Recovering from Project Failure
No one likes to think about project failure. Everyone involved with project management knows that failed projects happen, but we all like to prefer that they only happen to someone else. We prefer to think that we have the right methodology and processes in place to prevent a major failure. Sure there may be some projects that are late, short on scope, low on quality and over budget…but that’s inevitable, right?
The truth is that a major project failure can happen to anyone. Good processes, training and controls can help to minimize the risks, but you can never completely eliminate the possibility of a project going completely off the rails and being cancelled or written off as a total loss.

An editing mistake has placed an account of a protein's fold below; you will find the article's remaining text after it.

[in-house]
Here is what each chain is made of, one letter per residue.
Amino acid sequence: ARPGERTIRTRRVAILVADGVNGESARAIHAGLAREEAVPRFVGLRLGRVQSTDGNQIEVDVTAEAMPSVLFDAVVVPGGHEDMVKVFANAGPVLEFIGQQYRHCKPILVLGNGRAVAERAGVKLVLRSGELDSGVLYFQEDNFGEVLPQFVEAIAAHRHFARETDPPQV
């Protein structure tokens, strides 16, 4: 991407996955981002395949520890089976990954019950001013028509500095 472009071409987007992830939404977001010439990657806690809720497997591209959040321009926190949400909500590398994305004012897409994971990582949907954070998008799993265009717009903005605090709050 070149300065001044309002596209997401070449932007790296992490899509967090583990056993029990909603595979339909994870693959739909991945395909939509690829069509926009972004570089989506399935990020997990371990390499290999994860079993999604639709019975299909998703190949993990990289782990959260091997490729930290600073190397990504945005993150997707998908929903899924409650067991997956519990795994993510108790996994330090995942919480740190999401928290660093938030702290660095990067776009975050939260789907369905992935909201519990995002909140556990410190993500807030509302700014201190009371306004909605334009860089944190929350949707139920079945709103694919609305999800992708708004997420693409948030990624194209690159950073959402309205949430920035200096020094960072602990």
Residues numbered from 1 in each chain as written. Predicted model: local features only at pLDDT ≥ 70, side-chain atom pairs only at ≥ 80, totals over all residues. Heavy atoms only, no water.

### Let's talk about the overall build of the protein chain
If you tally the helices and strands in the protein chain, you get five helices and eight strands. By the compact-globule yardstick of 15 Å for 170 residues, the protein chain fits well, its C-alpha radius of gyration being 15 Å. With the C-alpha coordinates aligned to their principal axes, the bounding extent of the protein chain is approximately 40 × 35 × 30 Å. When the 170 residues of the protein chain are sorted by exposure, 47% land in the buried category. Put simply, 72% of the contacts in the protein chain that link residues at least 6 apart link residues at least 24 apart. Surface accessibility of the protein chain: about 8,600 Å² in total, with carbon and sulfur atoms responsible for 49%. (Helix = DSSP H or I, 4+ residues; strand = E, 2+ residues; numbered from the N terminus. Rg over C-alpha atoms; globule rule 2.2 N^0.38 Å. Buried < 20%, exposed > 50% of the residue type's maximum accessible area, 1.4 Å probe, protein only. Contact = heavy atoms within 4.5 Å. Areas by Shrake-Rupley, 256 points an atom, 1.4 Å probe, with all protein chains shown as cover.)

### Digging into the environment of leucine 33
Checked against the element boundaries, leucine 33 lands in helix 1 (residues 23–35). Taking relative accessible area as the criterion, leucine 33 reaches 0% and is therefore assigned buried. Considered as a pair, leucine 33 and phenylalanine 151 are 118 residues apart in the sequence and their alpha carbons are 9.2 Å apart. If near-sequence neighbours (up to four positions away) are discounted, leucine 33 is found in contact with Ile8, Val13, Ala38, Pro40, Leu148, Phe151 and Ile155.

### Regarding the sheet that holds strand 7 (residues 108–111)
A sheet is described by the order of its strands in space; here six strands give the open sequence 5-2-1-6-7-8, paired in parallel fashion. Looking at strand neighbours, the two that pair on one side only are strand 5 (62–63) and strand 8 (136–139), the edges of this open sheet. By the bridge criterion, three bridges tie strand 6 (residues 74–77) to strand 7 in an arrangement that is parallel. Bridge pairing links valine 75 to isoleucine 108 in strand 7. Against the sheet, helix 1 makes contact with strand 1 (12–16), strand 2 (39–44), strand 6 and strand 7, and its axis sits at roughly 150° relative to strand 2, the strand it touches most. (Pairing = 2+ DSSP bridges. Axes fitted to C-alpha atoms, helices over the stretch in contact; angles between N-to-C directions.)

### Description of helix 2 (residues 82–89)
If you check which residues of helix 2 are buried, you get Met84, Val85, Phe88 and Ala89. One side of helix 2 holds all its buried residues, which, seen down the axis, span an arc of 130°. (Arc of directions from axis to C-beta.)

What’s important is to make sure that the organization can recover from such a situation, and that requires both advance planning (it’s too late to start planning the recovery when the disaster has already happened) and strong execution.
Building a recovery plan
Anyone with experience in IT will be familiar with things like disaster recovery planning and business continuity planning, and a project failure recovery plan is the same sort of thing. You aren’t necessarily going to run annual drills to test whether the plan works, but you do need to ensure that the plan is up to date and ready to go when needed.
Aside from the practical,
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